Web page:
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Contractile properties are impaired in congenital myopathies

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The ratio between muscle strength and muscle cross-sectional area is called the specific force. Fatty replacement of muscles is seen in many myopathies, affecting the specific force, without necessarily affecting the ability of the remaining muscle fibers to contract. This ability is called the contractility and is the ratio between muscle strength and the lean muscle cross-sectional area, i.e. the contractile cross-sectional area. We hypothesized that contractility is disrupted in patients with congenital myopathy, because of defects in contractile proteins of the sarcomere. Peak torque across ankle and knee joints was measured by isokinetic dynamometry in 16 patients with congenital myopathy and 13 healthy controls. Five patients only participated partially in the dynamometer measurements due to severe muscle weakness. Dixon MRI technique was used to quantify muscle fat fractions and calculate cross-sectional area. Patients with congenital myopathy had lower cross-sectional area in all muscle groups (P<0.01), higher fat fraction (P<0.01) and less strength (P<0.005) in all studied muscle groups. Their fat content was more than doubled and peak torque lower than half that in healthy controls. Muscle contractility was reduced (P<0.01) in three of four patient muscle groups. In conclusion, muscle contractility was reduced in patients with congenital myopathy, across different diagnoses, and was independent of the level of muscle fat fraction, suggesting that intrinsic defects of the myocyte are responsible for reduced contractility.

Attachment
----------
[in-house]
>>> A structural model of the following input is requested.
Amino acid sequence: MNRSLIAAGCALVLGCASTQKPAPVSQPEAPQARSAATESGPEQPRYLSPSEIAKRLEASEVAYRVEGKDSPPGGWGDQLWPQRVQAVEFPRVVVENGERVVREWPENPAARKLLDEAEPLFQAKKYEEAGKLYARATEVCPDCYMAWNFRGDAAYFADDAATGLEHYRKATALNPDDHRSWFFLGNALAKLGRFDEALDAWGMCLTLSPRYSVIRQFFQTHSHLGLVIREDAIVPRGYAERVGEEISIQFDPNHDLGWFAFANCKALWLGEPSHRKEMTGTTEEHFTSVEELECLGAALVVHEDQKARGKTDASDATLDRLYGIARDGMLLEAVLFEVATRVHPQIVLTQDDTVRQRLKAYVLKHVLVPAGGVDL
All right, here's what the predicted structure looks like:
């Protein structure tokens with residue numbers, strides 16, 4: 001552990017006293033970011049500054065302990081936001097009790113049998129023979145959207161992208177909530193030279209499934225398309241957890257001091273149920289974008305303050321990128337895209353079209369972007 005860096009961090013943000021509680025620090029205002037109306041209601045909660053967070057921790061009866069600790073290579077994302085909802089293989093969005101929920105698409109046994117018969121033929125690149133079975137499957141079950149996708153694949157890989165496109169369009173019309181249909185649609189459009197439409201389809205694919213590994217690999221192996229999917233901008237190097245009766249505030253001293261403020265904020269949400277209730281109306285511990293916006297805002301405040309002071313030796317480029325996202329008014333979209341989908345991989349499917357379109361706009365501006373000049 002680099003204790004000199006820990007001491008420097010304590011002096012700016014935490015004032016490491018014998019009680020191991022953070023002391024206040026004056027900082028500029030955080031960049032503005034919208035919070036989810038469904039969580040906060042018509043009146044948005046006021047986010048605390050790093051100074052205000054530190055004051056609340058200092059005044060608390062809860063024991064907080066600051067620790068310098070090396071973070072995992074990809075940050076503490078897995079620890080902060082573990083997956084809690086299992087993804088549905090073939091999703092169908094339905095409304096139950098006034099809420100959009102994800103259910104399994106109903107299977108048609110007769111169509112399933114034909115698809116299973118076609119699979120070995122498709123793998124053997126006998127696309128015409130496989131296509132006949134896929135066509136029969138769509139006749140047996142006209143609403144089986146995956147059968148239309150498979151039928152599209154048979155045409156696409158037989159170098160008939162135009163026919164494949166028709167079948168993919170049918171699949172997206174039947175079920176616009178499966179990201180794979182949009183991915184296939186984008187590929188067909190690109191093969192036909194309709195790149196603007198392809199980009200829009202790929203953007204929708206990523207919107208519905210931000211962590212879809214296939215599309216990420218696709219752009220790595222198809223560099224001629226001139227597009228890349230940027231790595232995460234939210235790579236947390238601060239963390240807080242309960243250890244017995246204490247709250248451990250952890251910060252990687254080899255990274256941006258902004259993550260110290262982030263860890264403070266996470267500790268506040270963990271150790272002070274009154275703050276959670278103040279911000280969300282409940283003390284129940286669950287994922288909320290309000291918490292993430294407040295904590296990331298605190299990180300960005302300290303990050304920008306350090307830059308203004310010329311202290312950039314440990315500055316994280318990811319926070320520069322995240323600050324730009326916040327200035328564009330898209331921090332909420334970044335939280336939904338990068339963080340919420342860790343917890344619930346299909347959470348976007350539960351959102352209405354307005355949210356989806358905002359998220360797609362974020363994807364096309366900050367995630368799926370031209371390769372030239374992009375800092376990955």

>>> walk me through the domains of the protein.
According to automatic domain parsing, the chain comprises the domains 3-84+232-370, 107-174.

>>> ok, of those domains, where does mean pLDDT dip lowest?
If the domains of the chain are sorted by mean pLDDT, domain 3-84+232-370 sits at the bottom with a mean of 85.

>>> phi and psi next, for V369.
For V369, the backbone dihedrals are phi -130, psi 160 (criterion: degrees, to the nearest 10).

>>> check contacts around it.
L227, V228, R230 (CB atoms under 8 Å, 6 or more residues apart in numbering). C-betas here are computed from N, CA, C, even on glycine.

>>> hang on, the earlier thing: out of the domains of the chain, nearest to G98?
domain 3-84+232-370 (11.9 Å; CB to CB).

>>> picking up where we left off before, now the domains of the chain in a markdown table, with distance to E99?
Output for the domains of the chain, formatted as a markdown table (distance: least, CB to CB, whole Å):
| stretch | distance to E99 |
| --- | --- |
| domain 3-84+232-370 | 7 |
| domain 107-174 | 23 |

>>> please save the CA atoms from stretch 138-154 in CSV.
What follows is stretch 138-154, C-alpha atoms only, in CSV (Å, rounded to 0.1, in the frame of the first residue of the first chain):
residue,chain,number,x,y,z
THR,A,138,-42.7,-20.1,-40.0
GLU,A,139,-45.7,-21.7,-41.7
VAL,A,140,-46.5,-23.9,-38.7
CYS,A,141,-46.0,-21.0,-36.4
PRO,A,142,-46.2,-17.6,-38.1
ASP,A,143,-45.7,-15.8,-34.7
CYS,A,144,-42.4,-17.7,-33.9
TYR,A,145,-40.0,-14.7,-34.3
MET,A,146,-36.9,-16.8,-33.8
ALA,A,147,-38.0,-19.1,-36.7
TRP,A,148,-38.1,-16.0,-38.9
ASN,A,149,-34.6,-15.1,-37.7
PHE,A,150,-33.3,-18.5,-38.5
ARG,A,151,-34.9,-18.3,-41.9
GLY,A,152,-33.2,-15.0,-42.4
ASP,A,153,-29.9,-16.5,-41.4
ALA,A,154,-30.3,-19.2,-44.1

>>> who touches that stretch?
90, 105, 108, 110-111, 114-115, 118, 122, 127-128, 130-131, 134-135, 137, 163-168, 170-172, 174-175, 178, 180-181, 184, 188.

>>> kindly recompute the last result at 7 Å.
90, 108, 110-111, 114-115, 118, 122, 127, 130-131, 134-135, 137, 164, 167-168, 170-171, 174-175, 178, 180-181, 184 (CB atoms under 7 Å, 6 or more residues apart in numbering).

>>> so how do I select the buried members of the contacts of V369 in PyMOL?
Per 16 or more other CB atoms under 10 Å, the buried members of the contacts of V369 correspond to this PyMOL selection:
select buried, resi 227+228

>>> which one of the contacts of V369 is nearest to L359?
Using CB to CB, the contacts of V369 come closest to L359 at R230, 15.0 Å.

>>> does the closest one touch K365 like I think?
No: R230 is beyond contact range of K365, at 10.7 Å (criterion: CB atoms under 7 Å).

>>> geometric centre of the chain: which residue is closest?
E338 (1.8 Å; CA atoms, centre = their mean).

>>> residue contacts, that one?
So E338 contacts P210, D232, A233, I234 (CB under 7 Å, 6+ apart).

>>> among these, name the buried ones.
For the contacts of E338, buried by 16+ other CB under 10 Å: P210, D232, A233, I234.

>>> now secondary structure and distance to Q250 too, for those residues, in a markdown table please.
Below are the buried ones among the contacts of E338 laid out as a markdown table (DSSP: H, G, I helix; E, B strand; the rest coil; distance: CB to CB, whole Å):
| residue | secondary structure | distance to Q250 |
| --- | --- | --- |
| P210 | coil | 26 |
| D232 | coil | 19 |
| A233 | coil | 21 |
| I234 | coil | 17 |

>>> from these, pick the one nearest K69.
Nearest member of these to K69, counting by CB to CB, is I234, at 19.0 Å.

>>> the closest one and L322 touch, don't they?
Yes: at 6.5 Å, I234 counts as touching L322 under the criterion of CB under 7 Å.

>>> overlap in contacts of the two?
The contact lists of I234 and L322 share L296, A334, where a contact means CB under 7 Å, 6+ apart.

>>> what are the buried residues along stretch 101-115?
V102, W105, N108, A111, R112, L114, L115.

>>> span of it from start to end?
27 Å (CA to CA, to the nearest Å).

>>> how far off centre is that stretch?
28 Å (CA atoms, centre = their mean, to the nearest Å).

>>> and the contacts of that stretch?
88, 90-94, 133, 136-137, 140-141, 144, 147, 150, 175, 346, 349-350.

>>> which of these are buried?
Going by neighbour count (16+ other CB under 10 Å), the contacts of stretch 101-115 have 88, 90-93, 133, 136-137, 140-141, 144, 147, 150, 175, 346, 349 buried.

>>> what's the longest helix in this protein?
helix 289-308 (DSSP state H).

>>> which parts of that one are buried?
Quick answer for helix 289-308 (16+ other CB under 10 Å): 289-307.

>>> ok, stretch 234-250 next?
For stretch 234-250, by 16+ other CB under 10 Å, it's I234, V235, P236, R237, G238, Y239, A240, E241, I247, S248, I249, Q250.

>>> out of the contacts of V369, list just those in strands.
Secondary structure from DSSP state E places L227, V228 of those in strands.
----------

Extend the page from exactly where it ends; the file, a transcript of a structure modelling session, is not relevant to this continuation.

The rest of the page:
Original languageEnglish
JournalNeuromuscular disorders : NMD
Volume30
Issue number8
Pages (from-to)649-655
Number of pages7
ISSN0960-8966
DOIs
Publication statusPublished - Aug 2020

    Research areas

  • Congenital myopathy, Contractile cross-sectional area, Dixon technique, Muscle contractility

ID: 61072352